Electrifying ‘Mexodus’ sets erased Black American history to hip-hop, at Baltimore Center Stage

This exhilarating theatrical experiment tells true story of an Underground Railroad that led south to Mexico.

Think back on what you were taught in U.S. history classes, especially in your younger years. Probably a lot of downright lies, like the old fabricated story of Washington chopping down a tree and telling the truth about it. But how many of us were not taught that the so-called Founding Fathers who championed equality for all men were also slave owners? (And state legislation in places like Florida ensures these complicated truths are not explored in classrooms.) Histories that center the experiences and lives of those who were enslaved, exploited, and abused, and stories of resistance and rebellion in the Land of the Free… we don’t learn those narratives that create a fuller portrait of American history in our textbooks.

This is the thesis of the world-premiere Mexodus, written and performed by Brian Quijada and Nygel D. Robinson, onstage through April 7 at Baltimore Center Stage and from May 16 to June 9 at Mosaic Theater. This exhilarating theatrical experiment traces an erased history and sets it to a hip-hop-inflected score.

Brian Quijada and Nygel D. Robinson in ‘Mexodus.’ Photo by J Fannon Photography.

Quijada and Robinson researched a lesser-known Underground Railroad that led south to Mexico. After Mexico fought for its independence from Spain in 1821, the territory of Texas (formerly Mexico) was a contested site for several decades. From 1829, when slavery was abolished in Mexico, through 1865, the year of the 13th Amendment, over 4,000 (and up to 10,000) enslaved Black Americans made the arduous journey from the U.S. to Mexico, evading posses in the Texas territories looking for rewards and crossing the deadly Rio Grande, searching for freedom.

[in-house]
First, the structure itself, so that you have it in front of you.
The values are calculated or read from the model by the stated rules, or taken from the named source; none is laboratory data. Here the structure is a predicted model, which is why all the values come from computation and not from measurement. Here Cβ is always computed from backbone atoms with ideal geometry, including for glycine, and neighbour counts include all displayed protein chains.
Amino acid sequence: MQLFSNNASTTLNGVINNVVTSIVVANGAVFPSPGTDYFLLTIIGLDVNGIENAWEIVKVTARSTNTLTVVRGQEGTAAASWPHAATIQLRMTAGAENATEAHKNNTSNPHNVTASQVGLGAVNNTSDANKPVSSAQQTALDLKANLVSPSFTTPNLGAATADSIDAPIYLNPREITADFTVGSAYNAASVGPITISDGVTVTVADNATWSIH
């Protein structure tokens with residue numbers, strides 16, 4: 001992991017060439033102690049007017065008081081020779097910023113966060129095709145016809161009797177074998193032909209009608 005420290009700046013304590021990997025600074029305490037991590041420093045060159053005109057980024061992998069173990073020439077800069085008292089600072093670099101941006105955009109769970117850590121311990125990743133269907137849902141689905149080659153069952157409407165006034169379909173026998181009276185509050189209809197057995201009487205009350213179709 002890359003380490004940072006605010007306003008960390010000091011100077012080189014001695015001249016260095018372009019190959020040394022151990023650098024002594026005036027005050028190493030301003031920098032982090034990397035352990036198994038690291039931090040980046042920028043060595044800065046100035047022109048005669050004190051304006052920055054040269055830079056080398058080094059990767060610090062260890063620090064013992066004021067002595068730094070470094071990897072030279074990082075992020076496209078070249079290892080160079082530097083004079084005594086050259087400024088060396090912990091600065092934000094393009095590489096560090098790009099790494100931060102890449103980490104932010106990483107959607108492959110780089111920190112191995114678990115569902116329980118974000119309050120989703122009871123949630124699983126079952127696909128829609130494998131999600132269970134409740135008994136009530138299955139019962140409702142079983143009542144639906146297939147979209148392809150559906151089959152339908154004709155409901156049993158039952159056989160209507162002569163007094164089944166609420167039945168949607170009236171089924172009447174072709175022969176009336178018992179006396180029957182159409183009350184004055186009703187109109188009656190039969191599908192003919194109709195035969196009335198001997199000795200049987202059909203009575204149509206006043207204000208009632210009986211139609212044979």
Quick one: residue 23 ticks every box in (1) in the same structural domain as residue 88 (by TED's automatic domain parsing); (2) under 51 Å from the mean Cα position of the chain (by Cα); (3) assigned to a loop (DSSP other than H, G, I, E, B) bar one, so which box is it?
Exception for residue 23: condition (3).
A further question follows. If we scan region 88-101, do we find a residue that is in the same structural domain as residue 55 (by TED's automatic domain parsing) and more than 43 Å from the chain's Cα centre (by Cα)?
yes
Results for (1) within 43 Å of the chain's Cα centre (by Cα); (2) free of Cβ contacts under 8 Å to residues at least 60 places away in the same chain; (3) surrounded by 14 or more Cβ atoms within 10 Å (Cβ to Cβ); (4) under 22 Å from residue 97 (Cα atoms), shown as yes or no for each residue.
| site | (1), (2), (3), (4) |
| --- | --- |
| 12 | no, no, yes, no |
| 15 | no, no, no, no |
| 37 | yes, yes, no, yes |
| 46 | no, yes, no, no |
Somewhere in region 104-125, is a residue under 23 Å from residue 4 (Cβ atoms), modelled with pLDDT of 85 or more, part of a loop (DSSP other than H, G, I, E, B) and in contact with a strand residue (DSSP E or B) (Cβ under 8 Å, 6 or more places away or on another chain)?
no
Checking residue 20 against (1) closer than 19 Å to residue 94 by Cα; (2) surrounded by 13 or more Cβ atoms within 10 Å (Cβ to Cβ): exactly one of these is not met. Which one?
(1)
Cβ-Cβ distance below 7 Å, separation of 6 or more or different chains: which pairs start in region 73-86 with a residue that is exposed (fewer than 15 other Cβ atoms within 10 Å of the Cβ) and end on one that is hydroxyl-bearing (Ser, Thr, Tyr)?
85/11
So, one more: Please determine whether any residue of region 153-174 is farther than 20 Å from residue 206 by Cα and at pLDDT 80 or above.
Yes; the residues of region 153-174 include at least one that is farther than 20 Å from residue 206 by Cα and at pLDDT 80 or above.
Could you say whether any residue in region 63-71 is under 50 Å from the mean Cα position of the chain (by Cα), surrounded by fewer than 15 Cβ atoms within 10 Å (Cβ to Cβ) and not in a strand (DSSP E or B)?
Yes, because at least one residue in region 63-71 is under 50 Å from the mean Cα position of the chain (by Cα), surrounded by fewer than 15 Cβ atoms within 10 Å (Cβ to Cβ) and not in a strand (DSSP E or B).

As they rap in the opening number and closing reprise, “We didn’t know this shit…. The facts we never learned in history class.” How can we ever move toward a more perfect union without this knowledge?

In Mexodus, they tell the intertwined stories of Henry and Carlos. Robinson plays Henry, a young, enslaved Black man who was ripped away from his mother during his childhood and forced to do hard labor, and who flees to Mexico after killing a slave owner in self-defense. Quijada plays Carlos, with a backstory less well known to most USians: he was a Mexican soldier who fought for and helped secure his country’s independence from Spain, but lost everything — his family, his homestead, his livelihood — in the process, and is now an inexperienced tenant farmer working land owned by someone else and fearful of U.S. invasion. When Henry almost drowns crossing the Rio Grande, Carlos takes him in and they begrudgingly live together, until both a flood and Henry’s fugitive status bring them closer than ever. “Todos estamos juntas en esto, we’re all in this together,” Carlos explains.